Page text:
Although small in size, Ecuador has a staggering diversity: Andean peaks, Amazon jungles, a stunning coastline, and a world-famous archipelago on the mainland. At this last point, we are talking about Galapagos, a chain of volcanic islands that are home to lumbering tortoises, exotic avian life, and otherworldly landscapes, all of which combine to create the most adventurous and romantic vacations.
The islands also exist as a paradise for stargazers. With literally zero light pollution and an equatorial positioning where travelers can see constellations from both the northern and southern hemispheres, the islands are well placed for stargazing, particularly on sparsely inhabited islands like Isla Isabel, Isla Floreana, and Santa Cruz. But for optimal viewing, take a luxury cruise, where the captain will turn off the ship’s lights while you’re at sea.
All yachts on the islands have naturalist guides to help light the way. Stargazing experts say you should try to go at least 5 to 10 miles offshore to minimize light pollution, but 25 miles or more and you’ll get truly dark skies. Try to plan your trip when the moon is not full, then lie back on the deck and feel like you can reach out and touch the stars all around you. Sit back, relax and get ready for the show.
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5. Lake Titicaca, Peru
The mere mention of the country Peru brings to mind the beautiful ruins of Machu Picchu or the arid Nazca desert, home to the mysterious Nazca lines. As he experiences the “Land of Hidden Treasures”, he goes off the beaten track to experience Lake Titicaca, a spiritual center of the ancient Inca civilization.
Peru’s Lake Titicaca is serene, magical, tranquil, and simply filled with Peruvian folklore. Situated more than two miles above sea level, it is the highest navigable freshwater lake in the world, while in places it is surrounded by the Andes Mountains, adding to the stellar views of the southern night sky. .
For an even better vantage point of the Milky Way galaxy, which is almost directly over the big lake, head to one of the man-made floating islands of the Uros (built out of reeds), where light pollution is practically nothing. non-existent and the skies are crystal clear. Feel yourself stumbling over words as the sky explodes into a mind-blowing display of the cosmos.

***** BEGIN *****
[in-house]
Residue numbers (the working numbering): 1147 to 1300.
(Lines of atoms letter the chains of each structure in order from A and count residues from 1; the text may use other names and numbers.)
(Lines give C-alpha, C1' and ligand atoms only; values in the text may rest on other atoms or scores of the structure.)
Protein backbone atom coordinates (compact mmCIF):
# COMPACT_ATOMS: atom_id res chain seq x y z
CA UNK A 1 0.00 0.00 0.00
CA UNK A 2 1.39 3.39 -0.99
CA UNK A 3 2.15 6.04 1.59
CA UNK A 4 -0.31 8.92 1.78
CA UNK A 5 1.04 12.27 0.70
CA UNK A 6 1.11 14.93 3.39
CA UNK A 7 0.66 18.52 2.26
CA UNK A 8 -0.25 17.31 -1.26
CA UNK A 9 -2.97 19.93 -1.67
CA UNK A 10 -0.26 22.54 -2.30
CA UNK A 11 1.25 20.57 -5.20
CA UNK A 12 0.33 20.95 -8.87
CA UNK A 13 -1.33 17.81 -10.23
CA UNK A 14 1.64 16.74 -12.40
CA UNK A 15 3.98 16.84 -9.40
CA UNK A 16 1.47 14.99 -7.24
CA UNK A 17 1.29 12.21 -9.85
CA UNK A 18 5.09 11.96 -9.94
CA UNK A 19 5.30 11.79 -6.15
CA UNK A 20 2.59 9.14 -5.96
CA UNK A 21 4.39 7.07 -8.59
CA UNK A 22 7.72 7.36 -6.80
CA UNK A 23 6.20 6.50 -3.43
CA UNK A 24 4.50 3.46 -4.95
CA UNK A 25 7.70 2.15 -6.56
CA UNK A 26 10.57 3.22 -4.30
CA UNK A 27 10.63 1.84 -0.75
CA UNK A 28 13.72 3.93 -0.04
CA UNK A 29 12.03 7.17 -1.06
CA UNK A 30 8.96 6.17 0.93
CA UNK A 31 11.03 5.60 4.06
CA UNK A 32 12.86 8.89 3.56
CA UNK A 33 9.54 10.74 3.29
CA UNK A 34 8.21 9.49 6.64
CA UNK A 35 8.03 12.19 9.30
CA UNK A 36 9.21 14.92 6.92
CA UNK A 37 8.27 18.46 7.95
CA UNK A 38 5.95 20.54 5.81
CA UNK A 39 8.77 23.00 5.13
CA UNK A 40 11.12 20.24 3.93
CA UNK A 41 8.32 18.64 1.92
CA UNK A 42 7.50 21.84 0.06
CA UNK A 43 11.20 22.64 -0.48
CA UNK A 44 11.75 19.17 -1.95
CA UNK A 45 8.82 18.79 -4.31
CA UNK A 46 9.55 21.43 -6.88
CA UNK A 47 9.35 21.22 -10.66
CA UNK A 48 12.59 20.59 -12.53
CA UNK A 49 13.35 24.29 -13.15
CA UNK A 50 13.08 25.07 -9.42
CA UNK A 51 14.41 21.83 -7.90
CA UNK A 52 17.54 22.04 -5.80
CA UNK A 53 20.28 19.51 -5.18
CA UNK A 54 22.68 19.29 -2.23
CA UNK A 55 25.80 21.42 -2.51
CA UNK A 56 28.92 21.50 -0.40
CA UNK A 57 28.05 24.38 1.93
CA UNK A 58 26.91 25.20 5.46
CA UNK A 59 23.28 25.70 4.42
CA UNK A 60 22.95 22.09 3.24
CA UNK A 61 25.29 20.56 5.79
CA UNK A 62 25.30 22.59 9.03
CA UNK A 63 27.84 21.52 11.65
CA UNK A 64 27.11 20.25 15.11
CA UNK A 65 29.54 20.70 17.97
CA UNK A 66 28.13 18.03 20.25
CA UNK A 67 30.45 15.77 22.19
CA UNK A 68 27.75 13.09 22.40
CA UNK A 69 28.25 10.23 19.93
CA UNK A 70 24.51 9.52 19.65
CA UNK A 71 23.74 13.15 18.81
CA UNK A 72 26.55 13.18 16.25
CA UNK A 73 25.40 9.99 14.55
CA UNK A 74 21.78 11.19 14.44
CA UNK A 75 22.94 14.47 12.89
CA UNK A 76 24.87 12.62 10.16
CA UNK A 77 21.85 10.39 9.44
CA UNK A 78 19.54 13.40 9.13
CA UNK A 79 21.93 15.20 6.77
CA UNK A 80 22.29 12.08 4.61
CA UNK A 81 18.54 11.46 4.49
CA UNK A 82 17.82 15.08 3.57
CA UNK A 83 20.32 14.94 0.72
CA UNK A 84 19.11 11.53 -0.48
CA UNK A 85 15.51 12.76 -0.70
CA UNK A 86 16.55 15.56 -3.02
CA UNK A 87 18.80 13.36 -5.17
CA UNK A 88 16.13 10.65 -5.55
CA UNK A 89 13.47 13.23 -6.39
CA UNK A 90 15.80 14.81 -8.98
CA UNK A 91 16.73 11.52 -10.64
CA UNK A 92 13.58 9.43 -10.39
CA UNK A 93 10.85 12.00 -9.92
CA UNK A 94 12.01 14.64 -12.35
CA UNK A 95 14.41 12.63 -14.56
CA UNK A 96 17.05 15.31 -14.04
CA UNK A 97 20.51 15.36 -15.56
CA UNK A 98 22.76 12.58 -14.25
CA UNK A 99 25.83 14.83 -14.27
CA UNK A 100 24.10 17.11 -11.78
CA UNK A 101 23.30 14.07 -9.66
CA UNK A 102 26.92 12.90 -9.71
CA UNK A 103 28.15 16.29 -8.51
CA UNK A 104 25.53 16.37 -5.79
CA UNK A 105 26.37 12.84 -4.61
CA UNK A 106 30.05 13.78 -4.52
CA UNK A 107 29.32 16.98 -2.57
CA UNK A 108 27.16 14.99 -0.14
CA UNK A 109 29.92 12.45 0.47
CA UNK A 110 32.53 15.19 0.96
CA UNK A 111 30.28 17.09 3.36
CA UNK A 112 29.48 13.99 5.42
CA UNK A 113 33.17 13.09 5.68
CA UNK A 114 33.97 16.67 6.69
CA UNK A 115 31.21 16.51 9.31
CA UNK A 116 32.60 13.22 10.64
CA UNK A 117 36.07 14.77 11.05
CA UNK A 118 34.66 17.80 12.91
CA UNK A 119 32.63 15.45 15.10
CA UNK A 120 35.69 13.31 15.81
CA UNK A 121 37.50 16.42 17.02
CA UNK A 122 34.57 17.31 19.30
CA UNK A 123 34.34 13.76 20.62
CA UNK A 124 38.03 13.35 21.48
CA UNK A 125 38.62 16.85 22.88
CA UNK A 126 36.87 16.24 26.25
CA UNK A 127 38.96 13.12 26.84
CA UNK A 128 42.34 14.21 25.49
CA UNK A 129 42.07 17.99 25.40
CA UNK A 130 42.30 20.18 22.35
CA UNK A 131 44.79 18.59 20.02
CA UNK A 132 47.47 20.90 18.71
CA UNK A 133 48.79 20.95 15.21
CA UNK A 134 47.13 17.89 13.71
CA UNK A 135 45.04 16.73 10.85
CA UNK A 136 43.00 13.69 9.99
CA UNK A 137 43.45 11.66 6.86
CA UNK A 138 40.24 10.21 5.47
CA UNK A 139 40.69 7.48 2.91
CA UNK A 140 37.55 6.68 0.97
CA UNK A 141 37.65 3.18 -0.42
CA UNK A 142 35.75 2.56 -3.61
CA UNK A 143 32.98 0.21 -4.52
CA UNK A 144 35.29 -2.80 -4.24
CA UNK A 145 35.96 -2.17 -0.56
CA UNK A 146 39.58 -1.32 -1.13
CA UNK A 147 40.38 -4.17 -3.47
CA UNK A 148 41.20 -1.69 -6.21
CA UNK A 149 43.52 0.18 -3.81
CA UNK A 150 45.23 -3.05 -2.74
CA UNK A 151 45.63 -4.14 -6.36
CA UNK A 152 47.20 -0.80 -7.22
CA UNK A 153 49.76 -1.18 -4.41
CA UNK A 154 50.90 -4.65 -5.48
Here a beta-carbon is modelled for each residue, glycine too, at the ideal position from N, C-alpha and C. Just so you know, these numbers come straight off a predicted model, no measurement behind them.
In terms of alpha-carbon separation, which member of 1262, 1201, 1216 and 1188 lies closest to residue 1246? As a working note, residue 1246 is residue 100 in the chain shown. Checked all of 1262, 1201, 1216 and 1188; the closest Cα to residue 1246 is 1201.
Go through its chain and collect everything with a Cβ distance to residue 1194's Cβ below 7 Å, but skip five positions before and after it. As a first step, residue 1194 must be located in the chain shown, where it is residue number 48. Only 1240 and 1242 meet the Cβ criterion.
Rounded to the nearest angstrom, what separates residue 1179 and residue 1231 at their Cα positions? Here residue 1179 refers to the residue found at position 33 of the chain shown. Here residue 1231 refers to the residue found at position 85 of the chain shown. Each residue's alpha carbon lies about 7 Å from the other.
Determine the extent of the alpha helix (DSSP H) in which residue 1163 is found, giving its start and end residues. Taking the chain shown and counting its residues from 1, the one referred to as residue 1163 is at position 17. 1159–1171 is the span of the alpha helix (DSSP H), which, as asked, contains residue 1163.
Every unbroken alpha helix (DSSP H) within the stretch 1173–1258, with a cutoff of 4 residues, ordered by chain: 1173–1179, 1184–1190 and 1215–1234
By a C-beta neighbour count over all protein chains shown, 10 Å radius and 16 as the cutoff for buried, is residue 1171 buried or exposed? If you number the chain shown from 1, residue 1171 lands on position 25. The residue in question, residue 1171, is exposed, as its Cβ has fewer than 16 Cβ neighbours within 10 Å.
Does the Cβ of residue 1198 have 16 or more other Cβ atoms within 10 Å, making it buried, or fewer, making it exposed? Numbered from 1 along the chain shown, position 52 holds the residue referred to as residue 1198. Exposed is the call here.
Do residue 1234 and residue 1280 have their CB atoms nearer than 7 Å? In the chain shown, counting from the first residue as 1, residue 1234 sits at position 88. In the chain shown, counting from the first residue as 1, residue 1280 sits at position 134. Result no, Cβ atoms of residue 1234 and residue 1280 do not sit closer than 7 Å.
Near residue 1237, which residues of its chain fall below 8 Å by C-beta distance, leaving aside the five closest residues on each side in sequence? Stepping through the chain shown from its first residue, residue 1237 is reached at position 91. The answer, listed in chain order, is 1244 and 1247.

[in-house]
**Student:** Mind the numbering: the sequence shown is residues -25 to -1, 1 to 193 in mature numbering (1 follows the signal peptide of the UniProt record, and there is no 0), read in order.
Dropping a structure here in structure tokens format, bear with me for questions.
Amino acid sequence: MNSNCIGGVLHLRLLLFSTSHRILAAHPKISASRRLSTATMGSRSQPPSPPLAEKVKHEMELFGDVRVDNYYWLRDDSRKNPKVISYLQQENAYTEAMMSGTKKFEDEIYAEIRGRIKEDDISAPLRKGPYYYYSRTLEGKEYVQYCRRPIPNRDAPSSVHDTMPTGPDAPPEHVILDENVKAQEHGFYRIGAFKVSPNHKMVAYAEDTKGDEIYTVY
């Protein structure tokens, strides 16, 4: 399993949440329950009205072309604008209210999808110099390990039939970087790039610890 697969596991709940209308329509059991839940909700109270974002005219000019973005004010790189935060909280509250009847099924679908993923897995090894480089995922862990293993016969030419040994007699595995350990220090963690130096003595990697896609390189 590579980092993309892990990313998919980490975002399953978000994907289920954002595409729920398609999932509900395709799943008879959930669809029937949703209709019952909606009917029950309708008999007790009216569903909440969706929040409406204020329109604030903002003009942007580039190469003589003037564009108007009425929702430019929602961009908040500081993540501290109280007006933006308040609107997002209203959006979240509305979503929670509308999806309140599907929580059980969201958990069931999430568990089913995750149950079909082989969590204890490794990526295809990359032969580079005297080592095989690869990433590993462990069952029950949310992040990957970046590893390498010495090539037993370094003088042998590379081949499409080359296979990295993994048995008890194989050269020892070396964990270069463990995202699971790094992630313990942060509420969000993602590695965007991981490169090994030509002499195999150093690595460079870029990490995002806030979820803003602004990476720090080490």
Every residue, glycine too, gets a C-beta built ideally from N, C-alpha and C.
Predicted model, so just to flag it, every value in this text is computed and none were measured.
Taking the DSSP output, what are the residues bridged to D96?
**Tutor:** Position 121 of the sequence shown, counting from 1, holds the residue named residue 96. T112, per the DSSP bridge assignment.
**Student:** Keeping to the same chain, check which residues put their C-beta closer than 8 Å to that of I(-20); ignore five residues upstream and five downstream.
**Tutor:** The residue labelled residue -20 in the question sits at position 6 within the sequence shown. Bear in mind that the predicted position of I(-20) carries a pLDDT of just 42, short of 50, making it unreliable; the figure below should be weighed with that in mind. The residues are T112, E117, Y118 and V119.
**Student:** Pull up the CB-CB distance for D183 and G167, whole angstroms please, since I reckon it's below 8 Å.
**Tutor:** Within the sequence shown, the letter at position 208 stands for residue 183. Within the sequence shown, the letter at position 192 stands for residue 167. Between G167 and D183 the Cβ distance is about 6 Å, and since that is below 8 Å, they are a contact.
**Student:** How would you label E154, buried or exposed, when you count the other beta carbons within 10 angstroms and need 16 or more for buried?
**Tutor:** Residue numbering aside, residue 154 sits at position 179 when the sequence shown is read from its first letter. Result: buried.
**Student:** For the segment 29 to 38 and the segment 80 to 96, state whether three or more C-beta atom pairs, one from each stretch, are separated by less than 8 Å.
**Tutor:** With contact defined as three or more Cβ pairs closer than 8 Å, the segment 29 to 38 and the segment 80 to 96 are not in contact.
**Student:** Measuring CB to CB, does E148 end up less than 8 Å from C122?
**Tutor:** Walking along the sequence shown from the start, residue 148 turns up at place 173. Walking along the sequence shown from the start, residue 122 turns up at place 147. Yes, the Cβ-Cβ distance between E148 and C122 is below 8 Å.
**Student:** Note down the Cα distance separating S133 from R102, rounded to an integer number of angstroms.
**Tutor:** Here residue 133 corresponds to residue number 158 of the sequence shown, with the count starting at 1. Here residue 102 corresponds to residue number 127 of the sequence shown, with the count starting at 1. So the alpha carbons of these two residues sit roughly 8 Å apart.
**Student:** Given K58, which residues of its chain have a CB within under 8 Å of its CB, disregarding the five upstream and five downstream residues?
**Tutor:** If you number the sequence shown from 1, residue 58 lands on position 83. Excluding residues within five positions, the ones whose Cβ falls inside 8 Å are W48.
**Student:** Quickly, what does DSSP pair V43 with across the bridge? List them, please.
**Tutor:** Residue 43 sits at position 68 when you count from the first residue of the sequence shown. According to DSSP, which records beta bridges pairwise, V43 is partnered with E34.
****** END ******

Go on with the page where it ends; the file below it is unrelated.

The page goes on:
6. Easter Island, Chile
Rapa Nui, better known as Easter Island, is a treasure trove of cultural intrigue, folklore and fairy tales, outdoor activities, and a completely unique ancient history, making it one of America’s all-time highlights. from the south.
The island is best known for its hundreds of legendary moai statues, which were carved out of massive rocks by the hands of little-known ancient Polynesians. Not only is this volcanic island picturesque, beautiful, and intriguing in its own right, but stargazing here is something to be experienced. In the dead of night, you can travel back in time to the world of Polynesian travelers while learning about the history of Polynesian travel and settlement, navigational techniques, and Rapa Nui archaeoastronomy.
Head to some of the island’s traditional viewing sites to gaze at the night sky on one of the world’s most remote islands and see stars and constellations visible only in the southern hemisphere.
Your guide will point out the stars and constellations of interest to Polynesian navigators, recounting some of the stories and legends that are linked to them, and will explain techniques on how to find certain cardinal points of the traditional Polynesian compass using the design of the night. Darling. Observe the beauty of the star clusters, nebulae, galaxies, stars and planets visible through our high powered telescope before heading to the island’s famous Anakena beach with the option to take spectacular photos of the moai of the sky full of stars in the foreground.
So whether you’re the parents of a budding astronomer or looking for a romantic night out, there’s nothing like spending the night trying to pick out the constellations that grace the skies of South America.
Alfonso Tandazo is President and CEO of Surtrek Tour Operator. Surtrek Tour Operator is a well established company, specializing in custom designed luxury tours in Ecuador, Galapagos and the rest of South America.